The outdoor area is considered part of the Open Classroom. Activities may include taking a book, writing, craft or art project outside and completing it there; observing plants, insects, birds, pond life etc as part of science or topic curriculum; spending time in the Nature Garden as part of a class; making a fulcrum or other model to understand a concept. Play during break is an important time for learning. Lunch is often eaten out of doors, and in general, the grounds are considered as much a part of the school as the indoor areas.
At least once a week a more structured approach to nature study is offered, and includes garden work, grounds upkeep, bush craft and local walks.
“Nature is part of our life. We grew out of the seed, the earth, and we are part of all that but we are rapidly losing the sense that we are animals like the others. Can you have a feeling for that tree, look at it, see the beauty of it, listen to the sound it makes; be sensitive to the little plant, to the little weed, to that creeper that is growing up the wall, to the light on the leaves and the many shadows? One must be aware of all this and have that sense of communion with nature around you. You may live in a town but you do have trees here and there. A flower in the next garden may be ill-kept, crowded with weeds, but look at it, feel that you are part of all that, part of all living things. If you hurt nature you are hurting yourself. …When you have such communion with nature, then your relationship with another becomes simple, clear, without conflict.”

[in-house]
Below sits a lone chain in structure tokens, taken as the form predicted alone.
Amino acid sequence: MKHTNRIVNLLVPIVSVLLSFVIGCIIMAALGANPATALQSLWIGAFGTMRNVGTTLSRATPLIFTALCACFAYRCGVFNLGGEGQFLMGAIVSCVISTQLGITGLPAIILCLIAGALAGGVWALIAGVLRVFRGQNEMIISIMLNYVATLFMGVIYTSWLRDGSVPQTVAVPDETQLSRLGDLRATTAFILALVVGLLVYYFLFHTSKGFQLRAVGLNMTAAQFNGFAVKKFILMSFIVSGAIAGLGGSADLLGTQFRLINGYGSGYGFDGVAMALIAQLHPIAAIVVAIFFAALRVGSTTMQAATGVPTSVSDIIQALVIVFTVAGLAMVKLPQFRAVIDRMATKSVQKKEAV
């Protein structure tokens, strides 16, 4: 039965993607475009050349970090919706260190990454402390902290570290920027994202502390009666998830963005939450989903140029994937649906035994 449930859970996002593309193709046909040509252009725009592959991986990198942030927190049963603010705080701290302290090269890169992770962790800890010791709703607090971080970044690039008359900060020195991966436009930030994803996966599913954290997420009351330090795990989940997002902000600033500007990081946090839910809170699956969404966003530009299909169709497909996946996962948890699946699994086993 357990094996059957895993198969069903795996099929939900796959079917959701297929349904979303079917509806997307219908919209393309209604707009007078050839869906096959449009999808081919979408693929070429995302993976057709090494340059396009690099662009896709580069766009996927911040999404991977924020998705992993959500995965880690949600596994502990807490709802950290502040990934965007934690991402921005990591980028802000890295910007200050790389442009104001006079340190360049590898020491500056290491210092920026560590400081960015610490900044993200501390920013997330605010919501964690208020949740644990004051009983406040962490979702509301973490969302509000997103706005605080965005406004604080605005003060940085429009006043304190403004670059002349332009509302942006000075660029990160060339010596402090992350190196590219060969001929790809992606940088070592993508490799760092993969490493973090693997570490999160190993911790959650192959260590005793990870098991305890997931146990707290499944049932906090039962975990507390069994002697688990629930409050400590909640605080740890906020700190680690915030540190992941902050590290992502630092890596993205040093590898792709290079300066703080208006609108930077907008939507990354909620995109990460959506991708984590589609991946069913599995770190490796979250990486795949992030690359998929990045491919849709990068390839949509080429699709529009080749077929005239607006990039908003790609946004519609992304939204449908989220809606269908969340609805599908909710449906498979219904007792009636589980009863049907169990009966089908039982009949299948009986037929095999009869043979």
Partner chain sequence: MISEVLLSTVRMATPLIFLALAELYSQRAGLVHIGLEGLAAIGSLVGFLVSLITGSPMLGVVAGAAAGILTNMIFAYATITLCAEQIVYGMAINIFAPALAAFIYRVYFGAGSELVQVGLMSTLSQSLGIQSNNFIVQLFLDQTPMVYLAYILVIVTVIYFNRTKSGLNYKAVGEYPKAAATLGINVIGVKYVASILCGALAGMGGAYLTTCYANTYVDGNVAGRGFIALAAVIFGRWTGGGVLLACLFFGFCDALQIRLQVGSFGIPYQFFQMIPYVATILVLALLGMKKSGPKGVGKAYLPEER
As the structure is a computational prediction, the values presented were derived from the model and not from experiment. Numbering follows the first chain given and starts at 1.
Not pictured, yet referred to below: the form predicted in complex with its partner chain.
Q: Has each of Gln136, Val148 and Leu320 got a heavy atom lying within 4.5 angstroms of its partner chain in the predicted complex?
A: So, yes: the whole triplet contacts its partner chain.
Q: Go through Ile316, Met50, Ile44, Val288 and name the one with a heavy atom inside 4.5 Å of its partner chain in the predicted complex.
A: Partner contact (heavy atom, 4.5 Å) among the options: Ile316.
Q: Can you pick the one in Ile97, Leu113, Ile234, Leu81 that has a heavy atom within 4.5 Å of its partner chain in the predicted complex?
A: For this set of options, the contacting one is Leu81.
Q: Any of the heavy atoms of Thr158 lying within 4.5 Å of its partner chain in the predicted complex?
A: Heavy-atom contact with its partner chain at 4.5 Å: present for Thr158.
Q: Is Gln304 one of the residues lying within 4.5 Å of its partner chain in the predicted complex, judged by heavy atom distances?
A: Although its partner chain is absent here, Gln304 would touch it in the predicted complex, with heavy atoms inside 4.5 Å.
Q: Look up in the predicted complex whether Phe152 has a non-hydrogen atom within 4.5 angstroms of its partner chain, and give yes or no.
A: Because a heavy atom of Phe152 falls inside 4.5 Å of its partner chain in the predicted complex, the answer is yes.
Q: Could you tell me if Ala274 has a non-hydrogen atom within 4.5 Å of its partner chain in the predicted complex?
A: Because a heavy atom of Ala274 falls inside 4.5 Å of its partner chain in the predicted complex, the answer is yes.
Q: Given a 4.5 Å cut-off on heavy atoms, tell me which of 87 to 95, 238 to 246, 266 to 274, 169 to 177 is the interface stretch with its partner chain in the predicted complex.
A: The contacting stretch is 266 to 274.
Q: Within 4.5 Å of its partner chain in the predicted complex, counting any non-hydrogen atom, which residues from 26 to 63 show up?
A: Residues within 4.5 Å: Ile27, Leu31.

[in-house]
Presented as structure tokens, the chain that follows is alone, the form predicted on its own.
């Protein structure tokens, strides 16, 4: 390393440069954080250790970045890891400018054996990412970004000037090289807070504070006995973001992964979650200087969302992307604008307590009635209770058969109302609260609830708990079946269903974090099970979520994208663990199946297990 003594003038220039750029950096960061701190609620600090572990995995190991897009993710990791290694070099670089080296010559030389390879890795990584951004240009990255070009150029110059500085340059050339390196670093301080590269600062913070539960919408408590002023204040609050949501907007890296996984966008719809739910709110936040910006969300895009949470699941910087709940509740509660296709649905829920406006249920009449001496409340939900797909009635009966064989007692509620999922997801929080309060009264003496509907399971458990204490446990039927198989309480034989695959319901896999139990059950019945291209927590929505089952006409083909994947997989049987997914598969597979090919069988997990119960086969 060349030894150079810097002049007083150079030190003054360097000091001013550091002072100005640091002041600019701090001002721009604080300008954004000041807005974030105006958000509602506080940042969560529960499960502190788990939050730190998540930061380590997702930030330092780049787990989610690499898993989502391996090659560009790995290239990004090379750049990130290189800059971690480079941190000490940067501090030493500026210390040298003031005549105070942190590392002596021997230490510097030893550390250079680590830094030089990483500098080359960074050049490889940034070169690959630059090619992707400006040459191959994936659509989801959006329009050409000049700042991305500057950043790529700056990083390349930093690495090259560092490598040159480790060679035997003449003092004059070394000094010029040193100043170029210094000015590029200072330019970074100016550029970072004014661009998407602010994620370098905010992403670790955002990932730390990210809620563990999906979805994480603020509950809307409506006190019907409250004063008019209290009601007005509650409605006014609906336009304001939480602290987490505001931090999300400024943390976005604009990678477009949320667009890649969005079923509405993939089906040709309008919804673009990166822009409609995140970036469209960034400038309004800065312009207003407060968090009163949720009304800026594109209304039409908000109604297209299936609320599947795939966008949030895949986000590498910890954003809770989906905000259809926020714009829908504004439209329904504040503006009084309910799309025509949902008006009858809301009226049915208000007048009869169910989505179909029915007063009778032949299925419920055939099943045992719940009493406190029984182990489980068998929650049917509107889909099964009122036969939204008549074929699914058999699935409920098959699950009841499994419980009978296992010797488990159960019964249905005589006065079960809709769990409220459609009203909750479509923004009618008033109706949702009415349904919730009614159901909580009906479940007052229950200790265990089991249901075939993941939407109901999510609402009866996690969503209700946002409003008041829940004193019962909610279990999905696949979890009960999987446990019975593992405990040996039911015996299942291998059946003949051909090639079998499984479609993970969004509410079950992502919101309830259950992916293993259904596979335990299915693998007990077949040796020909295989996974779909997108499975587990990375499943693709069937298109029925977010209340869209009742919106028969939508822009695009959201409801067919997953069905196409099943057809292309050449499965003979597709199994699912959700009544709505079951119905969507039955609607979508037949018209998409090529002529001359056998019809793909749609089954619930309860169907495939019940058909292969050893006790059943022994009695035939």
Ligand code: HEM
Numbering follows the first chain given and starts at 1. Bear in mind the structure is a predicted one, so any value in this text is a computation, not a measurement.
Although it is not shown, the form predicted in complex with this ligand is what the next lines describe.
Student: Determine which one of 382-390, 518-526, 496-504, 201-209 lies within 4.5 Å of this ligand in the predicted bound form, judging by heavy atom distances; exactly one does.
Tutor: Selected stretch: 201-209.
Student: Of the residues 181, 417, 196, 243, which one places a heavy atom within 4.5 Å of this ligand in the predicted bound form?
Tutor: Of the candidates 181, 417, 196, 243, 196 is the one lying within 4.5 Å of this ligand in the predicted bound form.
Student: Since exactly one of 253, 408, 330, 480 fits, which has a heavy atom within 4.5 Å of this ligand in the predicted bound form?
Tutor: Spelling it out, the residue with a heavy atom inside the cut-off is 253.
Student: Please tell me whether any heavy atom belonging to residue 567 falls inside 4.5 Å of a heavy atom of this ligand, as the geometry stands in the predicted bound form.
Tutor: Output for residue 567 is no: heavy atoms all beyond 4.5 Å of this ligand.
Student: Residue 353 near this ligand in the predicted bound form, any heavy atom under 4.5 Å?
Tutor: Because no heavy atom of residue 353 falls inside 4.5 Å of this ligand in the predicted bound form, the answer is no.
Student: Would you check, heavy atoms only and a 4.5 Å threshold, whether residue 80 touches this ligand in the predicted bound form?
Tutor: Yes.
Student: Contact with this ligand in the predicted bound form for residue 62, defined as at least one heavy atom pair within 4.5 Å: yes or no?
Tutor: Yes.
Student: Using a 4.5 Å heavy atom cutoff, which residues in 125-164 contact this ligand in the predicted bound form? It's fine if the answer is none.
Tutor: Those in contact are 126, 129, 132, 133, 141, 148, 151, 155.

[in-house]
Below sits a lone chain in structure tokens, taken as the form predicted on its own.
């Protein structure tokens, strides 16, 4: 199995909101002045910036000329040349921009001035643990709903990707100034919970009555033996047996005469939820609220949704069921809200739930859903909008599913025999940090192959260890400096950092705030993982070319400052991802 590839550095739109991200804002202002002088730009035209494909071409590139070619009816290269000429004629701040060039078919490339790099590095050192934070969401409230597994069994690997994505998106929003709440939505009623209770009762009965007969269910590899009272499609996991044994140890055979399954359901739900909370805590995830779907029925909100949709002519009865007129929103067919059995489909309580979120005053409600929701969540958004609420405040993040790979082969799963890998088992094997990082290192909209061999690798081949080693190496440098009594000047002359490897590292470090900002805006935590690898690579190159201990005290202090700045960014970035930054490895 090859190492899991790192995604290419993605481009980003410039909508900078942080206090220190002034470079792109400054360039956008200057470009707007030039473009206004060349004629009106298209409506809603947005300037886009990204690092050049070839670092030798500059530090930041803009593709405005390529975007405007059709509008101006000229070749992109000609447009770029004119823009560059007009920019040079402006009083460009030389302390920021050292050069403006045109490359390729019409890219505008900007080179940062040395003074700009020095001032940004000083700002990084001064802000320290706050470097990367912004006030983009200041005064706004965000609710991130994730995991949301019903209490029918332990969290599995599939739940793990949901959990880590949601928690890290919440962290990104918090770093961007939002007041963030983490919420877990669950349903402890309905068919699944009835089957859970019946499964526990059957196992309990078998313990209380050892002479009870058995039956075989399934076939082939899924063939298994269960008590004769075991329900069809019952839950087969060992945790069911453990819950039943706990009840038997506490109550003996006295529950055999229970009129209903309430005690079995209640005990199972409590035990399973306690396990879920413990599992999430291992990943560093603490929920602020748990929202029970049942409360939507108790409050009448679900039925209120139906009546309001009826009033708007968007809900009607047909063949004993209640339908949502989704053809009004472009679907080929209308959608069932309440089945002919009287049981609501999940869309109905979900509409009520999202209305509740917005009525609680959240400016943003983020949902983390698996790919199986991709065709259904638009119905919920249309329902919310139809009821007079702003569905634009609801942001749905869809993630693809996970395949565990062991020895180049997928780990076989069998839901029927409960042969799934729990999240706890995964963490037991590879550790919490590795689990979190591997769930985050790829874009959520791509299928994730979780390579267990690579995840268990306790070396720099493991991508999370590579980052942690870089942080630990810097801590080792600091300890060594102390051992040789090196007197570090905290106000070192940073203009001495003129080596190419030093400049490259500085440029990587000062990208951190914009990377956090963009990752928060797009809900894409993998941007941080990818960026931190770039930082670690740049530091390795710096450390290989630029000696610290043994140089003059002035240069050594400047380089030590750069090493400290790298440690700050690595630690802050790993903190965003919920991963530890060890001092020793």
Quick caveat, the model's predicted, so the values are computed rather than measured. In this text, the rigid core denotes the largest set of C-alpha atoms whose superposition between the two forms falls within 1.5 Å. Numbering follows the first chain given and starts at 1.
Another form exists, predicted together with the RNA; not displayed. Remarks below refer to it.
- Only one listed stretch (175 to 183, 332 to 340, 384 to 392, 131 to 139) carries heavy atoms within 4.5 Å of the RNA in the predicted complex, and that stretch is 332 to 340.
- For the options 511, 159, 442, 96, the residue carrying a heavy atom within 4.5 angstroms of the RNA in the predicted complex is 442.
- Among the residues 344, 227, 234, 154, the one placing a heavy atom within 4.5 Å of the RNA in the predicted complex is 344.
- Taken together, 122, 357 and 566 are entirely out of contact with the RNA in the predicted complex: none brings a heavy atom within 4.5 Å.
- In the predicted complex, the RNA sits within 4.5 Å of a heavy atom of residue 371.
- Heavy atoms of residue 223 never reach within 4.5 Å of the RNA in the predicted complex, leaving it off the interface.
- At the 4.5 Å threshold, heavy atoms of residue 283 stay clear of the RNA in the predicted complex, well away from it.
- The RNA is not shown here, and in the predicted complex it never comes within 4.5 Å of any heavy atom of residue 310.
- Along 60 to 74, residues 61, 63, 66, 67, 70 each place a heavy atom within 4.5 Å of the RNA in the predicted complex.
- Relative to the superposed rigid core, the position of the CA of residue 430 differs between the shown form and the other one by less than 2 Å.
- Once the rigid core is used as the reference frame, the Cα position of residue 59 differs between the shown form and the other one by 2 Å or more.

J.Krishnamurti, Letters to the Schools.